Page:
The effect of synaptic plasticity on spatial representation and navigation
Ward, Kathryn Ruth
Cox, Steven J.
Master of Arts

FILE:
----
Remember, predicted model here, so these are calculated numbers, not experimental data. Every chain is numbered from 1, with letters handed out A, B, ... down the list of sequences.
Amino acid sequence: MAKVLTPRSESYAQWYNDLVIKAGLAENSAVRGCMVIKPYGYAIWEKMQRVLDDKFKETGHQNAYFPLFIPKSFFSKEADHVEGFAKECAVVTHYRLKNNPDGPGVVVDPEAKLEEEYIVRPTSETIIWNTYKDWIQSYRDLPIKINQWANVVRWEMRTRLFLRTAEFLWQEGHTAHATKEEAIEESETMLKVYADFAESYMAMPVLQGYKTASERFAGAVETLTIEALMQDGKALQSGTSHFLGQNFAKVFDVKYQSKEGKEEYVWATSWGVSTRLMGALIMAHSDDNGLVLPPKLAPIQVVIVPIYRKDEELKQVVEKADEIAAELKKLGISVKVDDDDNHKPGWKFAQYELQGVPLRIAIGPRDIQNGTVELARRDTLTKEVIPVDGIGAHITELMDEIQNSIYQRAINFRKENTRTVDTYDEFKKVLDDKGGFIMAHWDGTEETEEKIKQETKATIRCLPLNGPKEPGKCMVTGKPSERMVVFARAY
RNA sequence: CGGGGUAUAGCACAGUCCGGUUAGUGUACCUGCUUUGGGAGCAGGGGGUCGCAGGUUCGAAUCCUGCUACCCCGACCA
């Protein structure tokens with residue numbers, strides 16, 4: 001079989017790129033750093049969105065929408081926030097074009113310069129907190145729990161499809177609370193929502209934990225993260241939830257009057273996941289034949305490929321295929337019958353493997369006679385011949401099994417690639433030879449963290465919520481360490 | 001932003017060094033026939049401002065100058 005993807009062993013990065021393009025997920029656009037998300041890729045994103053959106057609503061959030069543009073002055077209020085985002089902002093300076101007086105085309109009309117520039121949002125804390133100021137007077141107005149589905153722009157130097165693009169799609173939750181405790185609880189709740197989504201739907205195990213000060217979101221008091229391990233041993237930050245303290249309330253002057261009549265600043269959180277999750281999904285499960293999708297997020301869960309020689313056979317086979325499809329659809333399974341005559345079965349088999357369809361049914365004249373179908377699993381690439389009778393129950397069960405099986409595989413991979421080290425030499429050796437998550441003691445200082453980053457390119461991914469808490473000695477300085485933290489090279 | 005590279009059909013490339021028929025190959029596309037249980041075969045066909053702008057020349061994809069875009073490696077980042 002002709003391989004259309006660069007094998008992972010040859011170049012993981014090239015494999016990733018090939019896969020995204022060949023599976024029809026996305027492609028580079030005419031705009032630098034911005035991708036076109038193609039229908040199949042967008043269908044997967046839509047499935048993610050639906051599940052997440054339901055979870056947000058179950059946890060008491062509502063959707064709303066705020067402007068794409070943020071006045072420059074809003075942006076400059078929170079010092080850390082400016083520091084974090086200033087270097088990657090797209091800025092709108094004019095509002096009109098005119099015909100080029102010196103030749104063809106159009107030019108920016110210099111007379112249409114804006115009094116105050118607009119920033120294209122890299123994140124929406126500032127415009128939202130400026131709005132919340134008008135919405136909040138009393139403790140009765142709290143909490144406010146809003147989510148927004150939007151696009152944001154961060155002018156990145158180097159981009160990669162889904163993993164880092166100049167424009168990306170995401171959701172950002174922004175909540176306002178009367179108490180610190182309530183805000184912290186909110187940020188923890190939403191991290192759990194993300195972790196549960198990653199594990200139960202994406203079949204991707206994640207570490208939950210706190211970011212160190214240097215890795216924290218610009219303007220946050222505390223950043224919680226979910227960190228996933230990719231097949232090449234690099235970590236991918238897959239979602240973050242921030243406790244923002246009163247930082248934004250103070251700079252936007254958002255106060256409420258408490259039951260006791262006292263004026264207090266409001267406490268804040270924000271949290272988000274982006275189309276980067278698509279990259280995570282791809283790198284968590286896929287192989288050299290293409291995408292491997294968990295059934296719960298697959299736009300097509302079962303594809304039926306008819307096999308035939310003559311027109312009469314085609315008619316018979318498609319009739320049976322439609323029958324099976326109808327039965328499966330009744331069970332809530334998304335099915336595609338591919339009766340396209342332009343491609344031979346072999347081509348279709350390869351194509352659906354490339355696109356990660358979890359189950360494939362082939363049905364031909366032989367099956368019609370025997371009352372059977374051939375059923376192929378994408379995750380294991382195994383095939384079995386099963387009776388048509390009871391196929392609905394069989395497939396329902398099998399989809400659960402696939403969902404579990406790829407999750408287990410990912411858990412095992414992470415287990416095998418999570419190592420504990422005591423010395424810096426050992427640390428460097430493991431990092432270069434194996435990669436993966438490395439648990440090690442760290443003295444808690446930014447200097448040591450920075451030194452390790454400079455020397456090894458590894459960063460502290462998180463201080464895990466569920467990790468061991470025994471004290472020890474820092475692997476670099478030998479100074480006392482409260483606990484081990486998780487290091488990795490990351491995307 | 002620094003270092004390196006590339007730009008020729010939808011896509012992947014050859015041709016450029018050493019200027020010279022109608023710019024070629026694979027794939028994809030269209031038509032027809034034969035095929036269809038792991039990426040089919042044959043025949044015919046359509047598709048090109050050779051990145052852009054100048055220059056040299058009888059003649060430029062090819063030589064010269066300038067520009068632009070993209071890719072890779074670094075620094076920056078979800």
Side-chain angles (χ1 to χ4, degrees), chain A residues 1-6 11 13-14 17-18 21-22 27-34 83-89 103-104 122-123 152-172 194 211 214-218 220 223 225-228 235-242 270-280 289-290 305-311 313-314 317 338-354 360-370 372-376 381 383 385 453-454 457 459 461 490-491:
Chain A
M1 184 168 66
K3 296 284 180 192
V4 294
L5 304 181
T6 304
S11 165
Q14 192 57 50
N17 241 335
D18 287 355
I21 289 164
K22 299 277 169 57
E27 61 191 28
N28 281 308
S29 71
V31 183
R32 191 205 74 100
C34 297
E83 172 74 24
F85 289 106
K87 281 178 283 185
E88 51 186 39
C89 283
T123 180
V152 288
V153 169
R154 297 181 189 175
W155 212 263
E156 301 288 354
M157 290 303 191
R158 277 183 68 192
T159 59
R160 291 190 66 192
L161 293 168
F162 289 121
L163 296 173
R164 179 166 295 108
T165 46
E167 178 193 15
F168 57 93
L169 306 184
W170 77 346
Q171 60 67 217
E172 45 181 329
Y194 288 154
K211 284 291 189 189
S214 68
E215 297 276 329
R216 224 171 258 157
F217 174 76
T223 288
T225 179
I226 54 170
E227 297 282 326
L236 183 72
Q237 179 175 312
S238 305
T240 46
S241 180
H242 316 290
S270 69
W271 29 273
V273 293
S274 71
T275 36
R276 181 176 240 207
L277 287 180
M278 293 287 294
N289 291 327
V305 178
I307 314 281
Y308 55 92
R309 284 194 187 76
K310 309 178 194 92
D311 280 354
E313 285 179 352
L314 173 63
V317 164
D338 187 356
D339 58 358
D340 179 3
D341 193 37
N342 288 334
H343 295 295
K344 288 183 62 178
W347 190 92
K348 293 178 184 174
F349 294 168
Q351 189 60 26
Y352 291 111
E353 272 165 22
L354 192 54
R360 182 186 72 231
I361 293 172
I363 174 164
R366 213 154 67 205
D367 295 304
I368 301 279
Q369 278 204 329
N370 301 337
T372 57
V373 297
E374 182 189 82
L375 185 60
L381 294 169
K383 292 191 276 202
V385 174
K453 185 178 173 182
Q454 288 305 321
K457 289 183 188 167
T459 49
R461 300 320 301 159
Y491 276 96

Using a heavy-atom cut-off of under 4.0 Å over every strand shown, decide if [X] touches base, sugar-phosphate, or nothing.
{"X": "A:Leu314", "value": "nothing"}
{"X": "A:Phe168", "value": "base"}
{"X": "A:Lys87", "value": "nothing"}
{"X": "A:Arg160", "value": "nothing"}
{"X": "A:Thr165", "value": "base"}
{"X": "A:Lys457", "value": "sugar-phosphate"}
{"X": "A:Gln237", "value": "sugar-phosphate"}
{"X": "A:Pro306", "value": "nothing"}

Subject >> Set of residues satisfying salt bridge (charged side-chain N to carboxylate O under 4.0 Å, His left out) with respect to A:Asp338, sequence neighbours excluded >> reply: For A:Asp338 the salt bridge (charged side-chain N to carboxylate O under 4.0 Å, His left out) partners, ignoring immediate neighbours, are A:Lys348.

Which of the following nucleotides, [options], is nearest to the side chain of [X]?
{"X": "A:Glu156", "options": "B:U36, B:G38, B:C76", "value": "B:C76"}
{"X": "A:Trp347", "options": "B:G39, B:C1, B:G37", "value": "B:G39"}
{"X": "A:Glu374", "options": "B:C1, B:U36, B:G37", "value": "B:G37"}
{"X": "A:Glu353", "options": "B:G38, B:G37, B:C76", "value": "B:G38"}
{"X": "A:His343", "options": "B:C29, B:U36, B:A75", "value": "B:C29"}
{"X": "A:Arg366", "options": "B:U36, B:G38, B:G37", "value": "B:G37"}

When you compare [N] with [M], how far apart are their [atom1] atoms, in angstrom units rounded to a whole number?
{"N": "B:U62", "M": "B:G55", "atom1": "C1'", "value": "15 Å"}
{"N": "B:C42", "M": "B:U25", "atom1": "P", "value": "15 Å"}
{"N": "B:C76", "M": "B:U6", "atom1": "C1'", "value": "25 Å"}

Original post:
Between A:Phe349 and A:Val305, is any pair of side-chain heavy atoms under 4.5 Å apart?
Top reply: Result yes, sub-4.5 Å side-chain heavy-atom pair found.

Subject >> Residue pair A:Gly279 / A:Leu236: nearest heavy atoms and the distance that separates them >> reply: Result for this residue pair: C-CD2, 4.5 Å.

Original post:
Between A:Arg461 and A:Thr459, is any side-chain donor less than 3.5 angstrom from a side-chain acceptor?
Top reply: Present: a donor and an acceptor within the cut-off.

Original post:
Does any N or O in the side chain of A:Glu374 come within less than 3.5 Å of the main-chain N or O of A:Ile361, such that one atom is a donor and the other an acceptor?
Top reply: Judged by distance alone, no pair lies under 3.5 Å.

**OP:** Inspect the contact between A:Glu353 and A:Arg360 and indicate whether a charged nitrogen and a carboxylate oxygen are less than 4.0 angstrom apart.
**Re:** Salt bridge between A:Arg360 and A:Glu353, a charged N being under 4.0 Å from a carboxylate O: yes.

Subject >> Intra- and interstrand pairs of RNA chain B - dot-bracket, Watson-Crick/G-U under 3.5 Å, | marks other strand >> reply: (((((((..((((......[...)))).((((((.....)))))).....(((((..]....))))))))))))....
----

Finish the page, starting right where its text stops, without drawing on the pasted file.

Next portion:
Synaptic plasticity, or the change in weight of the connections between cells, is a key mechanism underlying the brain's spatial representation and navigation functions. Experimentalists have shown that grid cells in the medial entorhinal cortex fire in hexagonal patterns within an environment, or set of visual cues. Grid cells provide the input for place cells, which fire primarily at one location in the environment and are found in the hippocampus, a region essential for both learning and memory. I have built a computational model to examine how synaptic plasticity affects the interactions among grid cells and place cells. This work demonstrates that a rate-based plasticity model drives the weights from grid cells to place cells to such a distribution that place cells form single firing fields. Furthermore, a spike-timing-dependent plasticity model applied to the connections among place cells causes place fields to shift backward as observed experimentally.